4 min read

12 Questions To Ask When Adopting A Dog

The more you know 💕

If you’ve made the awesome decision to adopt a dog into your family, it’s so important to find a dog who’s the right fit. So you’ll want to make sure you’re asking the right questions from the beginning of the process.

Once you decide where you’re adopting from, the rescue or shelter you’re working with will be your best bet when it comes to understanding who your dog is and what she’s been through before bringing her home.

Ideally they’ll volunteer all the information below, but if not, The Dodo spoke with Dr. Zay Satchu, cofounder and chief veterinary officer at Bond Vet in New York City, to put together a list of questions potential adopters should ask.

“You should always know as much about the pet’s medical history and previous life as possible,” Dr. Zay Satchu said. “It is important that you understand any behavioral quirks or special care your new friend will need.”

Understanding a dog’s personality and needs will help make sure you find the right match for you, to ensure a smooth transition and a successful adoption, and years of BFF snuggles.

So when you’re heading to the rescue to check out some potential pups, here are some questions Dr. Satchu recommends you’ll want to ask:

1. Why is this dog in the shelter? (Was she surrendered, found on the street, born here, etc.?)
2.
If she was surrendered, what reason did her previous owners give?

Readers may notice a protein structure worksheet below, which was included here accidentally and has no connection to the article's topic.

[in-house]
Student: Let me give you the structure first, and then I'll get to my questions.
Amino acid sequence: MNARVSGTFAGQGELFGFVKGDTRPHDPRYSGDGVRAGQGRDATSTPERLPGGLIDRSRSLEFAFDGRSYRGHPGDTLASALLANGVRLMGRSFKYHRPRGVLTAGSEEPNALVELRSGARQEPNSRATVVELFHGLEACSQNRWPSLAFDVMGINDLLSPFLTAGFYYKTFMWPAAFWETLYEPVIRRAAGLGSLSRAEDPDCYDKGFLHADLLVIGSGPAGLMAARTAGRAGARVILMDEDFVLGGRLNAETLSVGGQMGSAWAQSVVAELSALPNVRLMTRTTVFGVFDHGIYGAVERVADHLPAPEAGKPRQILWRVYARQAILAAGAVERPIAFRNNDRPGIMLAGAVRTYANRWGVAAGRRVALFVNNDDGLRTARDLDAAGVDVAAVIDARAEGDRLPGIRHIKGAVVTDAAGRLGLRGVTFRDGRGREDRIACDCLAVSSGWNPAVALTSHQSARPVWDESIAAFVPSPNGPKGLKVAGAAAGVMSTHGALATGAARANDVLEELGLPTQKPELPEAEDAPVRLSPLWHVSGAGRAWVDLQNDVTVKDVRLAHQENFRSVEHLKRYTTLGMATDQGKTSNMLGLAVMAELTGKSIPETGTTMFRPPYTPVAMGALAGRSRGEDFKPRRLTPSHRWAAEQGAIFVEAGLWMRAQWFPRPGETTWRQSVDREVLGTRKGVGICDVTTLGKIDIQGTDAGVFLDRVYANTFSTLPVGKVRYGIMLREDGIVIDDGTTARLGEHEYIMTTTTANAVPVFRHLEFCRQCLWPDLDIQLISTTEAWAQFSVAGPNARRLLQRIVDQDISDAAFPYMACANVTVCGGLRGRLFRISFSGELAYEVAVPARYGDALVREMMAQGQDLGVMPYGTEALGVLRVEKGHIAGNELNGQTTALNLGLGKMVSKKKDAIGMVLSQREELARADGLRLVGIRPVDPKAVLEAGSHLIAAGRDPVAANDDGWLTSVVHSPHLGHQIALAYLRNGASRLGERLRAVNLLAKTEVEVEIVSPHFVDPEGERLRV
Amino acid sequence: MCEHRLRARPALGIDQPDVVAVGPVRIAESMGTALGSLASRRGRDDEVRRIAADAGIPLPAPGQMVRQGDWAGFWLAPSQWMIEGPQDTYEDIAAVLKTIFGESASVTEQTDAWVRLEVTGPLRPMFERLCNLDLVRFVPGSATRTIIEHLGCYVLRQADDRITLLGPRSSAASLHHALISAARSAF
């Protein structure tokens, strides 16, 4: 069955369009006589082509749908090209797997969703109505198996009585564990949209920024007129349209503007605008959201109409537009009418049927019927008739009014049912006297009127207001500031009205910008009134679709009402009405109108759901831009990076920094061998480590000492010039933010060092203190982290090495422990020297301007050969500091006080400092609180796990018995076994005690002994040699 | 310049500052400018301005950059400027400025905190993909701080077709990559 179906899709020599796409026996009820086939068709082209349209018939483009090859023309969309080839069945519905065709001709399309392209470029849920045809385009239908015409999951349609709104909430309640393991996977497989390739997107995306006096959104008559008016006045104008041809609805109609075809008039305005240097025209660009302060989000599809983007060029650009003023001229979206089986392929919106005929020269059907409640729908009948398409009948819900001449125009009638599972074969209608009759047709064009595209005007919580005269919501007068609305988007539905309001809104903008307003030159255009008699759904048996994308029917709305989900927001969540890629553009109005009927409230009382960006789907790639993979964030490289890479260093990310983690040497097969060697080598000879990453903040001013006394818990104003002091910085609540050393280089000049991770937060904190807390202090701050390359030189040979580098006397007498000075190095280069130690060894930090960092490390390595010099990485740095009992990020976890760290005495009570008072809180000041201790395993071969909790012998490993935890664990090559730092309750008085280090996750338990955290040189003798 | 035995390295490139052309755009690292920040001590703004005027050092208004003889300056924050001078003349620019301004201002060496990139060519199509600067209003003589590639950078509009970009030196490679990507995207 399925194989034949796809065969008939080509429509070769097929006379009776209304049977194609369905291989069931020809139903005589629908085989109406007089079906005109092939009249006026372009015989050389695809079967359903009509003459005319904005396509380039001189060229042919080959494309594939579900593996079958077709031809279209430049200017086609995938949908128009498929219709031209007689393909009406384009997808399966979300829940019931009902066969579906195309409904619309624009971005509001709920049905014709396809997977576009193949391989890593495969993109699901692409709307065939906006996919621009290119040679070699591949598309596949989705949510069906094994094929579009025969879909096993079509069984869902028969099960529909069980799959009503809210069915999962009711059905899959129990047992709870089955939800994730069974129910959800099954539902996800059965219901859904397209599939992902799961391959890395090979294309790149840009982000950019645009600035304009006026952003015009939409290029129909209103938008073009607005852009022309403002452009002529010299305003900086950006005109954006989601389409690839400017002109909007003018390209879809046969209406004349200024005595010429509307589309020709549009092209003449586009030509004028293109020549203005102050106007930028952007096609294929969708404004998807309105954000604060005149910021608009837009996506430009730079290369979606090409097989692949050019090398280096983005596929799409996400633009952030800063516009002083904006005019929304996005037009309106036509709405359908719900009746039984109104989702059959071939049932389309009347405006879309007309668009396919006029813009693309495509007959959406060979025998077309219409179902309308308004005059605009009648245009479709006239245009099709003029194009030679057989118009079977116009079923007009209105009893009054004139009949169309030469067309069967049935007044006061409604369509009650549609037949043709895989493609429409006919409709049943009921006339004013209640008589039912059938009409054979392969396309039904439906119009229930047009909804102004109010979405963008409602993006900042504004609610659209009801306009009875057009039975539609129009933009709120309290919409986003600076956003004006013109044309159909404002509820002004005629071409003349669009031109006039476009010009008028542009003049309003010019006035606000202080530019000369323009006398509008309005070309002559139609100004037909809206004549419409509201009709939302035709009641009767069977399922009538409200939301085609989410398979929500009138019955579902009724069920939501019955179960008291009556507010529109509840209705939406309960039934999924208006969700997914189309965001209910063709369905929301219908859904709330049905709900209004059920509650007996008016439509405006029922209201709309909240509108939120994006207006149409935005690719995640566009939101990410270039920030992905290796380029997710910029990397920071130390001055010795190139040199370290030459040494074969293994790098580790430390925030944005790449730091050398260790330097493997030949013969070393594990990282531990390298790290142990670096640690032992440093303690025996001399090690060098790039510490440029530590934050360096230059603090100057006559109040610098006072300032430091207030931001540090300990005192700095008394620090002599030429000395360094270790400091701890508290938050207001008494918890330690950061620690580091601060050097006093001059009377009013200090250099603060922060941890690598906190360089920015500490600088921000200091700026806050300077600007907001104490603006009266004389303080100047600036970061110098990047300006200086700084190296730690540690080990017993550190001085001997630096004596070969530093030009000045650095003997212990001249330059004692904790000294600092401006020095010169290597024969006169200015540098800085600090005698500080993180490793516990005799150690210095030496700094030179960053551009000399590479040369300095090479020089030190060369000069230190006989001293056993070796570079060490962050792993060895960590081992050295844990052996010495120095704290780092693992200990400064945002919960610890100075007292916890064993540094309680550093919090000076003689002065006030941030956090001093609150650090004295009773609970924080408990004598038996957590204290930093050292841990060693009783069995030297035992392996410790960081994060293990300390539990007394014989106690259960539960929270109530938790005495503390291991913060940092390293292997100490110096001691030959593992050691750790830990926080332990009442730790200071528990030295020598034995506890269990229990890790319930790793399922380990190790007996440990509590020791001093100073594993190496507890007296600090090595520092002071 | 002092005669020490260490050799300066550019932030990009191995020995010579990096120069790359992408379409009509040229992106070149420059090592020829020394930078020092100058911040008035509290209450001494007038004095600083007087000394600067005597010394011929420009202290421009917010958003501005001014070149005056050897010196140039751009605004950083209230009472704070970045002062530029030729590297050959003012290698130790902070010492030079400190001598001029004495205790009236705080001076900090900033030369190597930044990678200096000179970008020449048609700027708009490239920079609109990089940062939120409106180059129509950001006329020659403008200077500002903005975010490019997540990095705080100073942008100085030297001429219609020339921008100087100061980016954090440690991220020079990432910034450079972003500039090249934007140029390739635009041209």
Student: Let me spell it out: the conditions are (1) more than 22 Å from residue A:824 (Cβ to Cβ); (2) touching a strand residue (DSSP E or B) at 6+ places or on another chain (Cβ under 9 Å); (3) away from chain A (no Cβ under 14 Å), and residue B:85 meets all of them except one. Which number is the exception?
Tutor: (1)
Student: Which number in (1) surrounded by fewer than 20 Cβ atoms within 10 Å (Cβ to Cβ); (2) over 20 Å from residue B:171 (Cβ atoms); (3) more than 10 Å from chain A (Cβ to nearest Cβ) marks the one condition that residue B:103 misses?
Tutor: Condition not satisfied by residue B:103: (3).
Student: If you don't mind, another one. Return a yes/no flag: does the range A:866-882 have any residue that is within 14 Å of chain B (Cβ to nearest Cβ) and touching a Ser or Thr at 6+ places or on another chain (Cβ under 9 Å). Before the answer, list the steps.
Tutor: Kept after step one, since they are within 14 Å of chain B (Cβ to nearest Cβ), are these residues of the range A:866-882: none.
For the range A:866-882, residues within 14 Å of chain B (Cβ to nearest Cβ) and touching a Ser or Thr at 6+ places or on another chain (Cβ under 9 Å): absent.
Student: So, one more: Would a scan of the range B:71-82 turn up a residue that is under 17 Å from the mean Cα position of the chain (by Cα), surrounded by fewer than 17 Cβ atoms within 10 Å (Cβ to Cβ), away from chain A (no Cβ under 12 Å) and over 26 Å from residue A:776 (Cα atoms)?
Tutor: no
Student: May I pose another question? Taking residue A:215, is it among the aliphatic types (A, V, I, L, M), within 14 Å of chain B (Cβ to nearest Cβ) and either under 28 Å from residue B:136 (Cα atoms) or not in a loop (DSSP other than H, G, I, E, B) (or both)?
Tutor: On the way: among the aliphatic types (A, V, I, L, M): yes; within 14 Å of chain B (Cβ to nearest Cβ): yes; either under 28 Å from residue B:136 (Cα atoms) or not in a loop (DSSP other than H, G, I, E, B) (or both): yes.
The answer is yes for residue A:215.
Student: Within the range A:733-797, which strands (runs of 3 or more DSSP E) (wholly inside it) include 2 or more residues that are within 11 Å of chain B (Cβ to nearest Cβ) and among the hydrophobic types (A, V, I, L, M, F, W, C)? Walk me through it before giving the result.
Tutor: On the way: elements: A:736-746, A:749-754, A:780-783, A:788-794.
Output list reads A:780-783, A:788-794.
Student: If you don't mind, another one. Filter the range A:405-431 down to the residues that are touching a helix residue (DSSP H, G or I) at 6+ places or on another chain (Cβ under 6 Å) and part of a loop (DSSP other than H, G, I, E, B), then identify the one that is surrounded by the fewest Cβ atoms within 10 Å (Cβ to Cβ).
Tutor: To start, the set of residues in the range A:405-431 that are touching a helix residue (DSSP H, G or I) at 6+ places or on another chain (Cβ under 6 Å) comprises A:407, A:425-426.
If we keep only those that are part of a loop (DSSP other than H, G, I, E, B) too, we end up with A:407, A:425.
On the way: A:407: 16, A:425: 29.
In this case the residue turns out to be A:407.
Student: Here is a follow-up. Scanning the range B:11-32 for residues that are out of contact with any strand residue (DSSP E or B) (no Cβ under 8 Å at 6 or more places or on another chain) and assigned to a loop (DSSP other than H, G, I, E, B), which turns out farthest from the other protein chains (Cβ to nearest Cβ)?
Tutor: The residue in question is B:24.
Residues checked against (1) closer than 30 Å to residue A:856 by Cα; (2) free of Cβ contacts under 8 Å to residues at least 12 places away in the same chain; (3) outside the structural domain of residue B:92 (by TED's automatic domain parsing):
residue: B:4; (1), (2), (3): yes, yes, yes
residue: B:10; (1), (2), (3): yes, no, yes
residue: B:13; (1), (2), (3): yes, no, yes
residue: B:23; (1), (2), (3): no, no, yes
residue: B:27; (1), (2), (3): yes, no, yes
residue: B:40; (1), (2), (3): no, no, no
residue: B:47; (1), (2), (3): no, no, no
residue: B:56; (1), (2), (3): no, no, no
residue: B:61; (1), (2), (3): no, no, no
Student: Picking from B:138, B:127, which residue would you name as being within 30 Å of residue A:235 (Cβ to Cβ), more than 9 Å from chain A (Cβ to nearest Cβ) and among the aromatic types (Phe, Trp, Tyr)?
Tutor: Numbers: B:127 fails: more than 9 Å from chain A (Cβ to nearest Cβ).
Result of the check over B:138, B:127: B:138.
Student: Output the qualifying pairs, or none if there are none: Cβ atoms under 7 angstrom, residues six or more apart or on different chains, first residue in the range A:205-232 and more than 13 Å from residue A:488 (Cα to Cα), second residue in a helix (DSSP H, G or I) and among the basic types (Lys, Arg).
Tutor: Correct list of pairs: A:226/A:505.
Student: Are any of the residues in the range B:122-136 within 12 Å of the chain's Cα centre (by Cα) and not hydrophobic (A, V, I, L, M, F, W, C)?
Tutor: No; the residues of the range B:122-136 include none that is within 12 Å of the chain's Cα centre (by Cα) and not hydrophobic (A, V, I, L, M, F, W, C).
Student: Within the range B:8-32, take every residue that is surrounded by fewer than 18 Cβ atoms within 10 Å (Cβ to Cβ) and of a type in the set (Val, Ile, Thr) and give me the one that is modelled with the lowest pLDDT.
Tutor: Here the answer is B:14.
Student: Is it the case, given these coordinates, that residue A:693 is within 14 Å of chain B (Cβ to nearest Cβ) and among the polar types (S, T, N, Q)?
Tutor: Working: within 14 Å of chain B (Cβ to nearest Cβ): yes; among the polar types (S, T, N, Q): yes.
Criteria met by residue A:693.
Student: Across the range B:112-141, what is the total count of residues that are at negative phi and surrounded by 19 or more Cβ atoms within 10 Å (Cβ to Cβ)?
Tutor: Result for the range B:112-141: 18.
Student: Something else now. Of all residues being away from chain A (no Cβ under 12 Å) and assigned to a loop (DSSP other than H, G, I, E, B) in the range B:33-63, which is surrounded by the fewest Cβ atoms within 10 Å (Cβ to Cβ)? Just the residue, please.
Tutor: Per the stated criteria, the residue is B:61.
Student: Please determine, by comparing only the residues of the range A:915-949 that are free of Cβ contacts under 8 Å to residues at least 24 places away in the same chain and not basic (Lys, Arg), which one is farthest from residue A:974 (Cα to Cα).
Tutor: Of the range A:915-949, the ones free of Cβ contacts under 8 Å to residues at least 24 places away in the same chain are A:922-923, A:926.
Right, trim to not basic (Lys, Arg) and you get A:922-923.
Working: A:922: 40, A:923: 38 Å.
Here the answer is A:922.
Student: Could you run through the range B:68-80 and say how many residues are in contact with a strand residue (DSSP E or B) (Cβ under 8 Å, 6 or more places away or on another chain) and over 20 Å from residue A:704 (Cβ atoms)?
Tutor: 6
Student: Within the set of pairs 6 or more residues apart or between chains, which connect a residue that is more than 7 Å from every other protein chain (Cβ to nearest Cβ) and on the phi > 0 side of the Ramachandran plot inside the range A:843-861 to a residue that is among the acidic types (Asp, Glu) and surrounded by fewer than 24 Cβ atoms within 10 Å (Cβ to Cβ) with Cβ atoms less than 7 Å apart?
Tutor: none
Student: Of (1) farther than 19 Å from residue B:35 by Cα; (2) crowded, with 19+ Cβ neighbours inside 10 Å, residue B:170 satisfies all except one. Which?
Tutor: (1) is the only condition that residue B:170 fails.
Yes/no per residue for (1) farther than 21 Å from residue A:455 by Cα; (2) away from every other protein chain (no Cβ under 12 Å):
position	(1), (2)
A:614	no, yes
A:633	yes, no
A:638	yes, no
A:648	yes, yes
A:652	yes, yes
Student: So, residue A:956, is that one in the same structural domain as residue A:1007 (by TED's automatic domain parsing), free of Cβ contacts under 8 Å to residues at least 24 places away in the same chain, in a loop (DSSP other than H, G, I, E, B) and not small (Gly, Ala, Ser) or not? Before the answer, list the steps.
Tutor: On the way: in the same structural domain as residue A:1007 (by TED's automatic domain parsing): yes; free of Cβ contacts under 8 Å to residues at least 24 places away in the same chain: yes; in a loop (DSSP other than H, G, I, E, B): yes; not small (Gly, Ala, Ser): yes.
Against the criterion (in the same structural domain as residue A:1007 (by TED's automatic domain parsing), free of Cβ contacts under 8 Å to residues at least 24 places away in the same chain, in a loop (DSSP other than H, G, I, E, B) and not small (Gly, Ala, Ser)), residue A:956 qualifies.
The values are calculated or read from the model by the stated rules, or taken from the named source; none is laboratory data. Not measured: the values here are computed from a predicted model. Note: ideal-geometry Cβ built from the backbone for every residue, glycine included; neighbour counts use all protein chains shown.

3. If she found, where was she rescued and what was her condition when she was found?
4.
Has she been adopted out before?
5. If she returned, why was she returned?
6. What veterinary care has she received since arriving at the shelter, and can I get copies of records?
7. Is she housebroken?
8. Does she have any behavioral issues?
9. Does she get along with children? With other animals and dogs? With strangers?
10. Does she walk well on a leash?
11. Does she need special food or medical care?
12. Does she have good manners?


It’s super important to remember that none of these questions will necessarily mean a dog is or isn’t a perfect fit for you — plenty of homes will be fine with a dog who doesn’t get along with other pups, or who needs a little extra medical attention.

But they’ll help you paint a picture of her history so you have enough information to make an informed decision about whether you’re prepared to give a pup the perfect home she deserves.

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